The Individuals with Disabilities Education Act (“IDEA”), Section 504 of the Rehabilitation Act of 1973, provides a complex set of procedural and substantive rights to students with disabilities.

Special Education


Has a teacher or administrator determined that your child has special needs or requires special education classes? Don’t let those words discourage you or get in the way of you making sure your child receives the education s/he deserves. Our firm assists parents and guardians with all special education law issues, including those related to individualized education plan (IEP) matters, due process proceedings, federal court proceedings, disability and discrimination issues, academic dismissals at all levels of education and more. The goal is to see that your child's needs are met. 

The Law Office of Jennifer O. Price prepares Special Needs Trusts (sometimes called Supplemental Needs Trusts) for parents and guardians seeking to set aside funds to benefit disabled children while at the same time maximizing the child's eligibility for public benefits. Through a special needs trust, a disabled beneficiary can receive gifts, lawsuit settlements and other funds without being denied eligibility for many income-dependent government programs. We draft trust documents so that the money being provided to the disabled child (the “beneficiary”) will not be considered as belonging to the beneficiary when the government determines benefit eligibility. Special needs trusts are frequently created by a parent or another family member for a child with special needs even though the child may be an adult by the time the trust is created or funded. Such trusts can also be set up in a will as a way for someone to leave assets to a disabled relative.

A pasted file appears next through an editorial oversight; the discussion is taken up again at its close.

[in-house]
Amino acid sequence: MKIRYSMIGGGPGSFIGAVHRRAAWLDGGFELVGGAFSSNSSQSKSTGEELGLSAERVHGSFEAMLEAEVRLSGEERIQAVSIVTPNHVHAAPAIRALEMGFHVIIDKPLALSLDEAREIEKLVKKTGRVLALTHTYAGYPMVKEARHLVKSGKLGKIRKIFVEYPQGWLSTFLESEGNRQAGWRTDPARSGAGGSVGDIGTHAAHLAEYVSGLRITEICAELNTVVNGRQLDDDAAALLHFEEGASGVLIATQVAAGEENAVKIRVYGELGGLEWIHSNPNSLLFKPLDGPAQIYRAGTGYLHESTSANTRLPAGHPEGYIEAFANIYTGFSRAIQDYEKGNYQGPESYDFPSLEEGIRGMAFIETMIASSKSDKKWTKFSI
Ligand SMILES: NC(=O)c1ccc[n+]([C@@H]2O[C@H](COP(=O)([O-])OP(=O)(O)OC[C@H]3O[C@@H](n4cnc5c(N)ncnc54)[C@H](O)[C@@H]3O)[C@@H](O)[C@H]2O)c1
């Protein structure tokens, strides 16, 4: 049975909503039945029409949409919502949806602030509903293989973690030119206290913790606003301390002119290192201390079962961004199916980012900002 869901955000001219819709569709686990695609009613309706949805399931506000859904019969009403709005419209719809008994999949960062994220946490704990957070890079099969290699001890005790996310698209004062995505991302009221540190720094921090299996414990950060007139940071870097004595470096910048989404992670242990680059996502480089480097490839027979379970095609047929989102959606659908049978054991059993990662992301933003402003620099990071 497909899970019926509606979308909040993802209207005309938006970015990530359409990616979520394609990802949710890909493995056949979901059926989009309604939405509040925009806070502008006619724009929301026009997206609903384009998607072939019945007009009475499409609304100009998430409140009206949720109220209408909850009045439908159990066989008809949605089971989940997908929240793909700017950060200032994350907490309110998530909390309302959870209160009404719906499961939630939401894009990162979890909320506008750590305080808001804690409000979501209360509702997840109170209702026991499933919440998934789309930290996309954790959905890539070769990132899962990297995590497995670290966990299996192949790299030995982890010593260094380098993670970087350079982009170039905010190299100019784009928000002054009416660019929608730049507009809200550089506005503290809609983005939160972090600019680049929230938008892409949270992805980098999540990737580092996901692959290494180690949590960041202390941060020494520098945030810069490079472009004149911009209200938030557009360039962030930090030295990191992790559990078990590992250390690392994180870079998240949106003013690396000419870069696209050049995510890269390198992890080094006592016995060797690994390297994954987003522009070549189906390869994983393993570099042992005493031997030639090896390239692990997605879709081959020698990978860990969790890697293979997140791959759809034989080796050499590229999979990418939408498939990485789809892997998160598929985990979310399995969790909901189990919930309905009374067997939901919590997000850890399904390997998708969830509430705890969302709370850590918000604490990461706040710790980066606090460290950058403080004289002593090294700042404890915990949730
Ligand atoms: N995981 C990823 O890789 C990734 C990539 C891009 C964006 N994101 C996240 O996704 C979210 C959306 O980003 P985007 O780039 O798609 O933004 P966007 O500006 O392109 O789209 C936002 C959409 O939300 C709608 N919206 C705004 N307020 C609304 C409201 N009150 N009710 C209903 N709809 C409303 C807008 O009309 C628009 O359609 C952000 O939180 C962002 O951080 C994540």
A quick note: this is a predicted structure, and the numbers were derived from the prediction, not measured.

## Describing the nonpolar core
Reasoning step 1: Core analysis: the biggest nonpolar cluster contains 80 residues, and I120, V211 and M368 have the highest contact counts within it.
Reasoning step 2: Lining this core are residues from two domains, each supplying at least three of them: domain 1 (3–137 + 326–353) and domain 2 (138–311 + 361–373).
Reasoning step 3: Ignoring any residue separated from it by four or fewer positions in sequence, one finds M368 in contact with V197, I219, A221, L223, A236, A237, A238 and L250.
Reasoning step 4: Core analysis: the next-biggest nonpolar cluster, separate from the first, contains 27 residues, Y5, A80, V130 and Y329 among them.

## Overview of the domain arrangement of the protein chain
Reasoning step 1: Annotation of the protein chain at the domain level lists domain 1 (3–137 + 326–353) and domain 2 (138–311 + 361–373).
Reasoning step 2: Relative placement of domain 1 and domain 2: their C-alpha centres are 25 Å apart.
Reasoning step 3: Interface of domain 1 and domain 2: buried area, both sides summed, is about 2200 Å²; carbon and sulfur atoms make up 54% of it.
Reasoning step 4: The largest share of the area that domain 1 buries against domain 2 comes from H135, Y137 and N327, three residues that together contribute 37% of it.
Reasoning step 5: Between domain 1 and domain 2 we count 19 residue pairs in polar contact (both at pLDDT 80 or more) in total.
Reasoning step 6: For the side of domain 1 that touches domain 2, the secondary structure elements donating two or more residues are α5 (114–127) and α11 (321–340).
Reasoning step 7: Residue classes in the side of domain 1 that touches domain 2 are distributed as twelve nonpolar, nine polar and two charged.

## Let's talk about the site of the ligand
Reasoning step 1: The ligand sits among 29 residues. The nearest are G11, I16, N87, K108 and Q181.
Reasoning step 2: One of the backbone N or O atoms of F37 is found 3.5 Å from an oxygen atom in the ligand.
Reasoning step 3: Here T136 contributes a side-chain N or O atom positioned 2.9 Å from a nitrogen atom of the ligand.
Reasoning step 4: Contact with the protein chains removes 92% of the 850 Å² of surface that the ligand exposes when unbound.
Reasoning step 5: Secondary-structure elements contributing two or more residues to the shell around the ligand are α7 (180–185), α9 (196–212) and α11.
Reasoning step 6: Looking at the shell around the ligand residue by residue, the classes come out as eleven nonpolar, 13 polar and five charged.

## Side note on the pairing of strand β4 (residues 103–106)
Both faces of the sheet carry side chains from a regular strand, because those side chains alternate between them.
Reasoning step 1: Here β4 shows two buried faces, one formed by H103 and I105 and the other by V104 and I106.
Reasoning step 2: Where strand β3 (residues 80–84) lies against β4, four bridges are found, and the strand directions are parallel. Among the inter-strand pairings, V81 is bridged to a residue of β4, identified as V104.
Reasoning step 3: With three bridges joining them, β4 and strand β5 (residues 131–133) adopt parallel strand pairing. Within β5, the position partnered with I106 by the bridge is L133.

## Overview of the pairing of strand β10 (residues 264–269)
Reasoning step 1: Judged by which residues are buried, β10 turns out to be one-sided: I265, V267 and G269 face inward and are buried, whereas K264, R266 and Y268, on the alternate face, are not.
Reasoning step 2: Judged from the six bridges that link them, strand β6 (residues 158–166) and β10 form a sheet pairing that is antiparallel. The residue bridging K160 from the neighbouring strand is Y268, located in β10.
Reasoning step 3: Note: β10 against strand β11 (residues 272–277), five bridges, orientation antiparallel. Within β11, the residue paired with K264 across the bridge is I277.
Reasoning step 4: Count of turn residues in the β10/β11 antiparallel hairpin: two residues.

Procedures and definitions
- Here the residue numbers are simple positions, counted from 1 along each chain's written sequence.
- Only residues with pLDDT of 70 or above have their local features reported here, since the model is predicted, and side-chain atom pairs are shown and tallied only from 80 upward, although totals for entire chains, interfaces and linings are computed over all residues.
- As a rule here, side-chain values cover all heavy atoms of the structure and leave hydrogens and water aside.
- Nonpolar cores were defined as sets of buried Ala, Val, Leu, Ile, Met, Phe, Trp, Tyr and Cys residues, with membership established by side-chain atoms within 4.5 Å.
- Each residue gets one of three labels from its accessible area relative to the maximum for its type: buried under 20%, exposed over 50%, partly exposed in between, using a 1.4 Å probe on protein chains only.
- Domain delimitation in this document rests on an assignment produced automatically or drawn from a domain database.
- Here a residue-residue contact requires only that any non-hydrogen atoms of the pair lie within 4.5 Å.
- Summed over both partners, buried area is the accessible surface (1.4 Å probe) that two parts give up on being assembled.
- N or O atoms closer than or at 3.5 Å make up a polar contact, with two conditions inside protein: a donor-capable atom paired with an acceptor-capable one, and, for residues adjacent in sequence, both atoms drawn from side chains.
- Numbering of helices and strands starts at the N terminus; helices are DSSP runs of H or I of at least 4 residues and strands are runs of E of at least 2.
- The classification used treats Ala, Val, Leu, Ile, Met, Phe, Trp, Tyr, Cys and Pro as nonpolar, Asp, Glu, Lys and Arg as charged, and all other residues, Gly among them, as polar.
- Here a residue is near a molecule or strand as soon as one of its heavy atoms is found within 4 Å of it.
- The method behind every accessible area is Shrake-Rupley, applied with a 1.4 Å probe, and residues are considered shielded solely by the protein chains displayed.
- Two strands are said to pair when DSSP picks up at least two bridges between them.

Call our office for assistance in your financial planning.

Is your child getting disciplined by the school for behavior that could stem from a disability? Suspensions are a common form of discipline used by schools, but suspensions adversely affect a student’s learning ability and disrupt the overall learning environment. Federal laws require a school district to evaluate a child with a disability before making a significant change in placement. Generally, this means a change that lasts longer than 10 consecutive days; however, a series of suspensions due to underlying behaviors may show a pattern of exclusion and can constitute a significant change of placement. The Law Office of Jennifer O. Price can help you enforce your due process rights to ensure the proper procedures are followed and your child is given the services he or she needs to be successful in school.​



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